I am personally passionate about sustainability, which triggered the formal partnership based on my role as Chief Technology Officer (CTO) and Chief Information Security Officer (CISO).
The articles linked below, highlight my journey with Framework.
- Framework Laptop
- Framework and Fedora
- Framework Performance
- Framework Laptop Update
- Framework Laptop Upgrade
- 3D Printed Framework
- Framework for Business
- Framework Build
- Framework Business Pilot
With the AMD Ryzen series embargo now lifted, I thought I would share a few thoughts regarding our use of the Framework Laptop 13 AMD Ryzen series. This is not intended to be a full review. For that, I would recommend watching the excellent Elevated Systems video.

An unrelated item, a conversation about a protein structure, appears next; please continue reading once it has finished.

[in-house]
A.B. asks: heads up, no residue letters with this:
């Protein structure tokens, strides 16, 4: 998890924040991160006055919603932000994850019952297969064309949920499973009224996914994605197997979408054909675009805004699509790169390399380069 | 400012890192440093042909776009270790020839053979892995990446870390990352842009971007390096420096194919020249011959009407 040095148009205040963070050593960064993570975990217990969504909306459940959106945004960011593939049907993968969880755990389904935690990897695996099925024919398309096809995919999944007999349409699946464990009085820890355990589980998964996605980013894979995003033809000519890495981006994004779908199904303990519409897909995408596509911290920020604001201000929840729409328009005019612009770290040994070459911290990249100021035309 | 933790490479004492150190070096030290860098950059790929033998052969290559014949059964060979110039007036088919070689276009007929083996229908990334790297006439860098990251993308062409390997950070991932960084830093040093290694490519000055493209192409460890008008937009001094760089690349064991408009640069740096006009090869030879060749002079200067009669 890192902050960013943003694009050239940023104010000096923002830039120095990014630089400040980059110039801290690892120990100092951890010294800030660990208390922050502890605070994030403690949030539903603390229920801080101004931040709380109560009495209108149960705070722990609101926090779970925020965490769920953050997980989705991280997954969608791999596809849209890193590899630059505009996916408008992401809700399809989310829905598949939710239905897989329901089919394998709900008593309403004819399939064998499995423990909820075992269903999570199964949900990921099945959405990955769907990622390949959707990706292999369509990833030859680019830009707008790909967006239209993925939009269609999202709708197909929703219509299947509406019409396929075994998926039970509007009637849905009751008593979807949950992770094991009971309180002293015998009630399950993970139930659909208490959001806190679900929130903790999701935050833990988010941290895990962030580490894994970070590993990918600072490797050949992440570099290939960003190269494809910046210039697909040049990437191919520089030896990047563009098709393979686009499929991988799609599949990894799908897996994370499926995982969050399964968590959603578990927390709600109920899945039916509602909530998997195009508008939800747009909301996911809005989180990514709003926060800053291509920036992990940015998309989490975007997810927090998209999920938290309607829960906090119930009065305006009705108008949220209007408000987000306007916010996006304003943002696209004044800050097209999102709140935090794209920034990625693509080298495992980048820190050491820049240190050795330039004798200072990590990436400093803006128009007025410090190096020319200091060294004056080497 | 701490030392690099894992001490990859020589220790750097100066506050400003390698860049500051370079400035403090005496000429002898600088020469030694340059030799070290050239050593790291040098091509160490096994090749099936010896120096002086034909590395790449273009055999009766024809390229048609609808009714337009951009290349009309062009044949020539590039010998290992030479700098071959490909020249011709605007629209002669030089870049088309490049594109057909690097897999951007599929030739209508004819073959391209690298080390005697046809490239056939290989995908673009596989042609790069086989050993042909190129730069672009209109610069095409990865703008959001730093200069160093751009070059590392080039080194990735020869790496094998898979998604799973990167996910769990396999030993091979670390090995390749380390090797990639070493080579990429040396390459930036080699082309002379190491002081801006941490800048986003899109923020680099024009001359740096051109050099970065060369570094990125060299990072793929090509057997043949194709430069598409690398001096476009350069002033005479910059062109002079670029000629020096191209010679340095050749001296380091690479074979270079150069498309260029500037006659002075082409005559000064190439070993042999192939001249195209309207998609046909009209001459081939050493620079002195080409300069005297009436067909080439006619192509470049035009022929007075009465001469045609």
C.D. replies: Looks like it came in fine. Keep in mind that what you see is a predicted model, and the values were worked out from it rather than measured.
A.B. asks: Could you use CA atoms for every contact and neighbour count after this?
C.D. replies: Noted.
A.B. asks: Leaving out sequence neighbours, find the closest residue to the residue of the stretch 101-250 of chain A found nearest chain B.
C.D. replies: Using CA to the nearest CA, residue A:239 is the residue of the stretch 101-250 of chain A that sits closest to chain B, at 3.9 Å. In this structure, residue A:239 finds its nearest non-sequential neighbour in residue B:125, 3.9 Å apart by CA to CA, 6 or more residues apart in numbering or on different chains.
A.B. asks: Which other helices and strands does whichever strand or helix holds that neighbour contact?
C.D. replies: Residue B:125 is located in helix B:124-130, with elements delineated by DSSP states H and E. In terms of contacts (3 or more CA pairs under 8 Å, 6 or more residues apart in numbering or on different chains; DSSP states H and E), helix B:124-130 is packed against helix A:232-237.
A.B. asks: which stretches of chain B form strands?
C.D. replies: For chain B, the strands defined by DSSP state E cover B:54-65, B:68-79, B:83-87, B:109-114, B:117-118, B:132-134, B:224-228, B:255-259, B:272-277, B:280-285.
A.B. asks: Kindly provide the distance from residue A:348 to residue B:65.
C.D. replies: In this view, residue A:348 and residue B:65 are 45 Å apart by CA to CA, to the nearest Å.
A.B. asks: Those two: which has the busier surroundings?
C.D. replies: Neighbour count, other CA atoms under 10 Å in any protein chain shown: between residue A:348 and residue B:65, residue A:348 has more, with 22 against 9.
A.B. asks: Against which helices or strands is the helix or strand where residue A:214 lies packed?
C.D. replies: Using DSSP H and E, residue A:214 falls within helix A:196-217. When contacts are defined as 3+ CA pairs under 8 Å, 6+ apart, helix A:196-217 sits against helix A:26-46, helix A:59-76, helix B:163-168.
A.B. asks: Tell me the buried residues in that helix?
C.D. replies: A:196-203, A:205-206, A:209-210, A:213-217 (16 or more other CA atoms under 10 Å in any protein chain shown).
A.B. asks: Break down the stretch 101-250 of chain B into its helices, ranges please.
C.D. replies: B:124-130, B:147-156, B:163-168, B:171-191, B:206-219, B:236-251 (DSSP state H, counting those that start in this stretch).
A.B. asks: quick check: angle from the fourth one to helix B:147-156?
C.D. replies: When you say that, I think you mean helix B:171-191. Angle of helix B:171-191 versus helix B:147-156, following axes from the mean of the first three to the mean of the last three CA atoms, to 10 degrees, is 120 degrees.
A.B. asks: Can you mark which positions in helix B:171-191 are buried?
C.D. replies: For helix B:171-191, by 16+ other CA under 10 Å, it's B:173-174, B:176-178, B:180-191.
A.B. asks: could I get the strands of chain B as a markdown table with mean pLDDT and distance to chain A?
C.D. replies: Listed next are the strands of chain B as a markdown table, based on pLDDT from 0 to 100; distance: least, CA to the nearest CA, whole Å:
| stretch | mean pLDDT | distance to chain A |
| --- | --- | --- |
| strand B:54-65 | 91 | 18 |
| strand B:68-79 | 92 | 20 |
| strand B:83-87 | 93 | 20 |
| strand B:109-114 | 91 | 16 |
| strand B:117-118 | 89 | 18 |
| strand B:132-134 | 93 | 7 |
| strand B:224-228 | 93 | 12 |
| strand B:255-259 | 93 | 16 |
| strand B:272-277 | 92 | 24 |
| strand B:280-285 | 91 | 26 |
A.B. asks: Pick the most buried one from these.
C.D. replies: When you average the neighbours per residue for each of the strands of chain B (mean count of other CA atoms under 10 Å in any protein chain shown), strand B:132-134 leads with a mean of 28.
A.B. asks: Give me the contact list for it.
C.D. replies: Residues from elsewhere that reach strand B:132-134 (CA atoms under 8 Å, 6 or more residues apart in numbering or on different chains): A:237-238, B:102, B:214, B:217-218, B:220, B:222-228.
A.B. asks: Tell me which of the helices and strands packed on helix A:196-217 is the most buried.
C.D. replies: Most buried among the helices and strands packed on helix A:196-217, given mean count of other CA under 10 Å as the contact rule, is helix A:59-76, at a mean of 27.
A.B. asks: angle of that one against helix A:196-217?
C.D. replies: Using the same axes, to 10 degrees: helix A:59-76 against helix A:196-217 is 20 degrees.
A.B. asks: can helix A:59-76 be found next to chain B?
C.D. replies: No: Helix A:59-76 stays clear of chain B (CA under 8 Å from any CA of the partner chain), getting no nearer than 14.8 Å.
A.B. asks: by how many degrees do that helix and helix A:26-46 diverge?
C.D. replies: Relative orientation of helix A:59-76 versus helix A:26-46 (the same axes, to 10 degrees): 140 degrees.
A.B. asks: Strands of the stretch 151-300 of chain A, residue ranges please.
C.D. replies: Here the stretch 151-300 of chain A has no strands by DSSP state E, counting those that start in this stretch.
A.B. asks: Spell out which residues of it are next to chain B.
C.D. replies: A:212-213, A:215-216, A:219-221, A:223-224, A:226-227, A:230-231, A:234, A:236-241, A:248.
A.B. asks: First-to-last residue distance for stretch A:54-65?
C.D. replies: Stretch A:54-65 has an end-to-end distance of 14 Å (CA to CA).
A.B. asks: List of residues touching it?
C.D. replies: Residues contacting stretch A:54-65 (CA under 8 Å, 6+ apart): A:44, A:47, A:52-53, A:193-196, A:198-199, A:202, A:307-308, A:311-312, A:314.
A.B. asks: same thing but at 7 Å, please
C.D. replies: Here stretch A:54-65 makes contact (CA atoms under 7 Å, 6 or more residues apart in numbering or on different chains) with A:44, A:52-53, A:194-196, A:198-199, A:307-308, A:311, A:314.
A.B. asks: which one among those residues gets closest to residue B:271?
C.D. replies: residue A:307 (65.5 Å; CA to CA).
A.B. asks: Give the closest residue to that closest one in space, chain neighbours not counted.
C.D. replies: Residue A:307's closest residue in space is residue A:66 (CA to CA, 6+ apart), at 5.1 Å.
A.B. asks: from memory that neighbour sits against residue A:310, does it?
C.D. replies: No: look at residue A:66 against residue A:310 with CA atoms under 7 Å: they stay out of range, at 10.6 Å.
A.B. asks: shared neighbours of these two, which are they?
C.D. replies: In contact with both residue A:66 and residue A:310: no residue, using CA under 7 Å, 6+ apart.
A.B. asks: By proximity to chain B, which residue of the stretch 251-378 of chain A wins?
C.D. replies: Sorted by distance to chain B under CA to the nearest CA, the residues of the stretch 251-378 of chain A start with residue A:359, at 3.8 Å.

The specification of my Framework Laptop 13 can be found below:
- Framework Laptop DIY Edition
- AMD Ryzen 7 7840U (8C/16T)
- 64GB DDR5-5600 RAM
- 4TB Western Digital Black SN850X NVMe (7.3GB/s Read)
- 13.5-inch LCD Display (2256x1504 @ 60Hz)
- 2x USB4 (USB-C), 1x USB 3.2 G2 (USB-A), 1x HDMI 2.0b
This is the “high-end” configuration, representing the best available performance.
I am a Linux user (specifically Red Hat Fedora). However, our business standard is Microsoft Windows 11.
Therefore, I will split my thoughts into three parts, general (applies to both Linux and Windows) and then some specific observations for each operating system.
I have used every version of the Framework Laptop 13, specifically the Intel 11th Generation, Intel 12th Generation, Intel 13th Generation and AMD Ryzen series.